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Port Blenheim

Last Modified: 30-6-2017 21:31

With the settlement of the Wairau Plain there became a requirement for supplies and a method of dispatch for produce. Since any route from Port Underwood was impractical, the only other option was the use of the Wairau mouth. Soon small ships began off loading their cargoes just inside the Wairau Bar to a series of stores on the Boulder Bank. As the centre of colonisation shifted to Beavertown (Blenheim), some kilometres inland, horse drawn whale boats were used to carry goods up the Opawa River to a wharf on the Taylor River.

In 1855 a major earthquake struck which lowered the level of the land about a metre to make the entire Opawa river navigable to Blenheim. Within a short time fleets of small ships plied the Opawa trying to gain a share of the colonial trade between Blenheim and Wellington. In 1879 the port was shifted to deeper water several hundred metres downstream making it possible for several steamer companies to begin operating. The port itself was a collection of warehouses with wharf frontages. To avoid flooding these were set on tall piles and except in high water, all goods had to be winched up. The greatest dilemma of the shipping companies was not flooding, but rather shoaling at the Wairau Bar. Numerous ships were stranded there on sand bars and several were wrecked completely. Eventually a pilot was employed full time at the bar to take soundings of the channels, guide ships across and in the case of a stranding, winch them off.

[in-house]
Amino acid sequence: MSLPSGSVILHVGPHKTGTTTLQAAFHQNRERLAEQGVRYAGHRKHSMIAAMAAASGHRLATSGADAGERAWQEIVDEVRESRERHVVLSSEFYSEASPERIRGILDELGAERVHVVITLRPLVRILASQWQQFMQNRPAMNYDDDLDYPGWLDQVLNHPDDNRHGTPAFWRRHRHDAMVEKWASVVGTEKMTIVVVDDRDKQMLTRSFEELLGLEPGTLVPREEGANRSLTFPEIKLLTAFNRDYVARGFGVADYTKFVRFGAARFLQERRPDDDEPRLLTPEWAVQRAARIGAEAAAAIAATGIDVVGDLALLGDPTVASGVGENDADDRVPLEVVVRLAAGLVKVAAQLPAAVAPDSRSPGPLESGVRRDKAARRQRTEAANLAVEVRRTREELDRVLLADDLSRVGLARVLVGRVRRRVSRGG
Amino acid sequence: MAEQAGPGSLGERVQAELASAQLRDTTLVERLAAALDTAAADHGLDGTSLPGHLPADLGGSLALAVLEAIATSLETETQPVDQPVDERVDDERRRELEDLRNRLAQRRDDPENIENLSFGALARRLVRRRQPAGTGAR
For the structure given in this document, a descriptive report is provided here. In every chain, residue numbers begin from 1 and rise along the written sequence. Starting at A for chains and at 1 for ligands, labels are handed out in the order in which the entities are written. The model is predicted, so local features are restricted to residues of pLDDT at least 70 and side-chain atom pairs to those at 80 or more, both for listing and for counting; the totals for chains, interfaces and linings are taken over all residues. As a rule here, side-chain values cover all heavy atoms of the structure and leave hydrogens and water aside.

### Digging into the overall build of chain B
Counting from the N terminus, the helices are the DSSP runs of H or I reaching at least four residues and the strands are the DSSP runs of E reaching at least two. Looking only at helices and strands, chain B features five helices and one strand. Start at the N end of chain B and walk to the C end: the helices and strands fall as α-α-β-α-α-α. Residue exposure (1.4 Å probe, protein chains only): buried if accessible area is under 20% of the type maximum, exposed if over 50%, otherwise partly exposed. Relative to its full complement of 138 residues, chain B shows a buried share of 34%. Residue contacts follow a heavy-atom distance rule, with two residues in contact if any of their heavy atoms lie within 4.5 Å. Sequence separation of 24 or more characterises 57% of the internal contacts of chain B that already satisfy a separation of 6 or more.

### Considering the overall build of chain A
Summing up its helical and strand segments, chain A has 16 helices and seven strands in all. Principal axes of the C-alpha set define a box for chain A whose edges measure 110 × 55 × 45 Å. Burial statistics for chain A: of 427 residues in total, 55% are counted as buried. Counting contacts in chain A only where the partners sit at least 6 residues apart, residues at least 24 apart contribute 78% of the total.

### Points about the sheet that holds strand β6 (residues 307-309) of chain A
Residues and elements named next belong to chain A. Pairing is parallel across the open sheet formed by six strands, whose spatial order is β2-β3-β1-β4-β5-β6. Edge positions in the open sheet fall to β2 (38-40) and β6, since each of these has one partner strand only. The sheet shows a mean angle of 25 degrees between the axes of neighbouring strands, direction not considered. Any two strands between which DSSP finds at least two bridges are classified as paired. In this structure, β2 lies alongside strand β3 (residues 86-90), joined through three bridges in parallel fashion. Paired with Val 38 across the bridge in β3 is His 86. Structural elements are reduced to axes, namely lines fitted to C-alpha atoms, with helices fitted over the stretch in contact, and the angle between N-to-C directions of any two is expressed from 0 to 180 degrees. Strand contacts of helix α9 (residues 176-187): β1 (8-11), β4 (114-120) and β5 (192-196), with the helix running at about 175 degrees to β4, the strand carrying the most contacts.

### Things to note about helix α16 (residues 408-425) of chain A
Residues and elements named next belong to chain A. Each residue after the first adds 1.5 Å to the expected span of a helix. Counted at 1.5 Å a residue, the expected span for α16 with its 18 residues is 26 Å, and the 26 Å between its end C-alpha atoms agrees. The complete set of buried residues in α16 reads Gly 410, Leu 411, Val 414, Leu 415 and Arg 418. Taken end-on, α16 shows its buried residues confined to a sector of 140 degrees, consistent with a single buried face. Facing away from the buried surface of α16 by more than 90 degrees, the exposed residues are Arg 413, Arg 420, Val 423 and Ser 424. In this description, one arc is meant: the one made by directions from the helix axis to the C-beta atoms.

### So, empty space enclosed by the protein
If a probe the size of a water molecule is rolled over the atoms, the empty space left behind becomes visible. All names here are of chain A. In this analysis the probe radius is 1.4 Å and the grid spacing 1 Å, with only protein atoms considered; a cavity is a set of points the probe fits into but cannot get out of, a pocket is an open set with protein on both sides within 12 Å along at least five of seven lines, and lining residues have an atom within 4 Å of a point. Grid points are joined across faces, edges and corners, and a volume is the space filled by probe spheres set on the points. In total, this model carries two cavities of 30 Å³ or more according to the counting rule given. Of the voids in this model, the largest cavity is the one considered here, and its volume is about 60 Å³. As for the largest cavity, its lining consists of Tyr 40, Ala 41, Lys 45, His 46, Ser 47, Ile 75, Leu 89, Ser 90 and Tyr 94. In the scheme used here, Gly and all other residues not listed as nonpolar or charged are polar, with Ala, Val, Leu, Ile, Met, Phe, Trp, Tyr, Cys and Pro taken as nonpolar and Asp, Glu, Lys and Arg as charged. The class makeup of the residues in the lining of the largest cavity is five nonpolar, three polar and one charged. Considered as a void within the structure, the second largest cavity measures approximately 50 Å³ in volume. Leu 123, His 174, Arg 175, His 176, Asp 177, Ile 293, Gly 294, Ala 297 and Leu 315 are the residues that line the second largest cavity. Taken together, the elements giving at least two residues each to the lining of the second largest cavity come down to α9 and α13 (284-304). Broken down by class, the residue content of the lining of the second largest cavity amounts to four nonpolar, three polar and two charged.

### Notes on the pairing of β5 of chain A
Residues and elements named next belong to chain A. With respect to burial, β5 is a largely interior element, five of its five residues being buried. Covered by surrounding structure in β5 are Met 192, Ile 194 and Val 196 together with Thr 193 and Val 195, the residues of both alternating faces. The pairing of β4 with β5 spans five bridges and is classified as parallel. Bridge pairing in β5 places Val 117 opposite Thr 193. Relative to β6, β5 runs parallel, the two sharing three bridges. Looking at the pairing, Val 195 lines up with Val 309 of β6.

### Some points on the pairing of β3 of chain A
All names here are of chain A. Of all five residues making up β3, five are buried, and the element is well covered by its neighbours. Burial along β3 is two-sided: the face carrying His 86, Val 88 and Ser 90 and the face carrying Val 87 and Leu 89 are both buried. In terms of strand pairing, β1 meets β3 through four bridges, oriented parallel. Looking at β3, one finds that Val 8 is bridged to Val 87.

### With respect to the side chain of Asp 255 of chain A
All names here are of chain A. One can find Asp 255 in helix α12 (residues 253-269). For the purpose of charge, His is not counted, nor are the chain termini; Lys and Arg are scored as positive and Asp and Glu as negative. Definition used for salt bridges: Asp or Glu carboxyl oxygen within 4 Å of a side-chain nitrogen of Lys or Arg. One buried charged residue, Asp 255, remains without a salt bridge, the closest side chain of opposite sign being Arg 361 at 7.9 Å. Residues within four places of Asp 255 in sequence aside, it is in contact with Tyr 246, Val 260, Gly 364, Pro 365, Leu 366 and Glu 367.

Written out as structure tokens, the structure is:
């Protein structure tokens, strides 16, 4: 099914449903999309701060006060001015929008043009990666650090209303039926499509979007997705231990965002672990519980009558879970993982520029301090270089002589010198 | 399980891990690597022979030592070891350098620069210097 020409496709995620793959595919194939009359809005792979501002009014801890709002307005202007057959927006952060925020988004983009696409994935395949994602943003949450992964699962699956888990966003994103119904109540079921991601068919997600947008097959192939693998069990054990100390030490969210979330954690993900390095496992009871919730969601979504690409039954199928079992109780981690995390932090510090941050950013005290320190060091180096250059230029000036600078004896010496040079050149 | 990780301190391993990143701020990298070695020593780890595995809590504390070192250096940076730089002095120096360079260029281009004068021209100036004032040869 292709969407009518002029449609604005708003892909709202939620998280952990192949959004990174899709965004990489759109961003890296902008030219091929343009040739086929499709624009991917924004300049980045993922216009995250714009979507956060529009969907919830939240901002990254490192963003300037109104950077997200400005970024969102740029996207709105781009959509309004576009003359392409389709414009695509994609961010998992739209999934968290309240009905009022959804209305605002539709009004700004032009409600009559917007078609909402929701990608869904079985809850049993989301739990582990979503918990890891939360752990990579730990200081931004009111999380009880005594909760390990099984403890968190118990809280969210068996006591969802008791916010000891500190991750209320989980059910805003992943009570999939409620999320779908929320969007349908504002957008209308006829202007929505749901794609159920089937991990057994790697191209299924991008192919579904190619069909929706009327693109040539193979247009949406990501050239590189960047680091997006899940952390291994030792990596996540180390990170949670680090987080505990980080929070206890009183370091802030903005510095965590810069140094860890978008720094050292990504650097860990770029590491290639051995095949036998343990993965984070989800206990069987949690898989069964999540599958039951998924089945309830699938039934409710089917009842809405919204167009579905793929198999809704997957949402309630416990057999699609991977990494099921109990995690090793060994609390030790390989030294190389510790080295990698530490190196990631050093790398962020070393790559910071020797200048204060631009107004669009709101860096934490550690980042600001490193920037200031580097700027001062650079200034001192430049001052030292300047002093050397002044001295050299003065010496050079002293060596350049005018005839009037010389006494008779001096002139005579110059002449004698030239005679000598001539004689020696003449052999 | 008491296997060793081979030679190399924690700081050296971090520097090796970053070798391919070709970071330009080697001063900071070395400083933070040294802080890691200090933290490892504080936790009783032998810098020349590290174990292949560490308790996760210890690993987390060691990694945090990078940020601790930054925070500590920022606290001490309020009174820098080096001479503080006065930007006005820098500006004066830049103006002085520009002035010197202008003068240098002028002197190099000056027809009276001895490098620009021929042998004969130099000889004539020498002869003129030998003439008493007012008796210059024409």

By 1900 activity at Port Blenheim were dominated by T. Eckford & Co. Ltd who operated a small fleet of ships. The crossing originally took 10 hours but with new diesel engines the time was cut to 8 hours except in bad weather when ships were redirected to Picton. In 1954 with the laying up of the S.S.Wairau owing to lack of trade, The A.S.Echo became the only ship making the Wellington -Blenheim run. The final blow to Port Blenheim came in 1965 with beginning of the Picton rail ferry service by the Aramoana. T. Eckford Ltd. & Co. closed its doors and laid up the Echo and in 1968 after 89 years of operation, the port closed officially.

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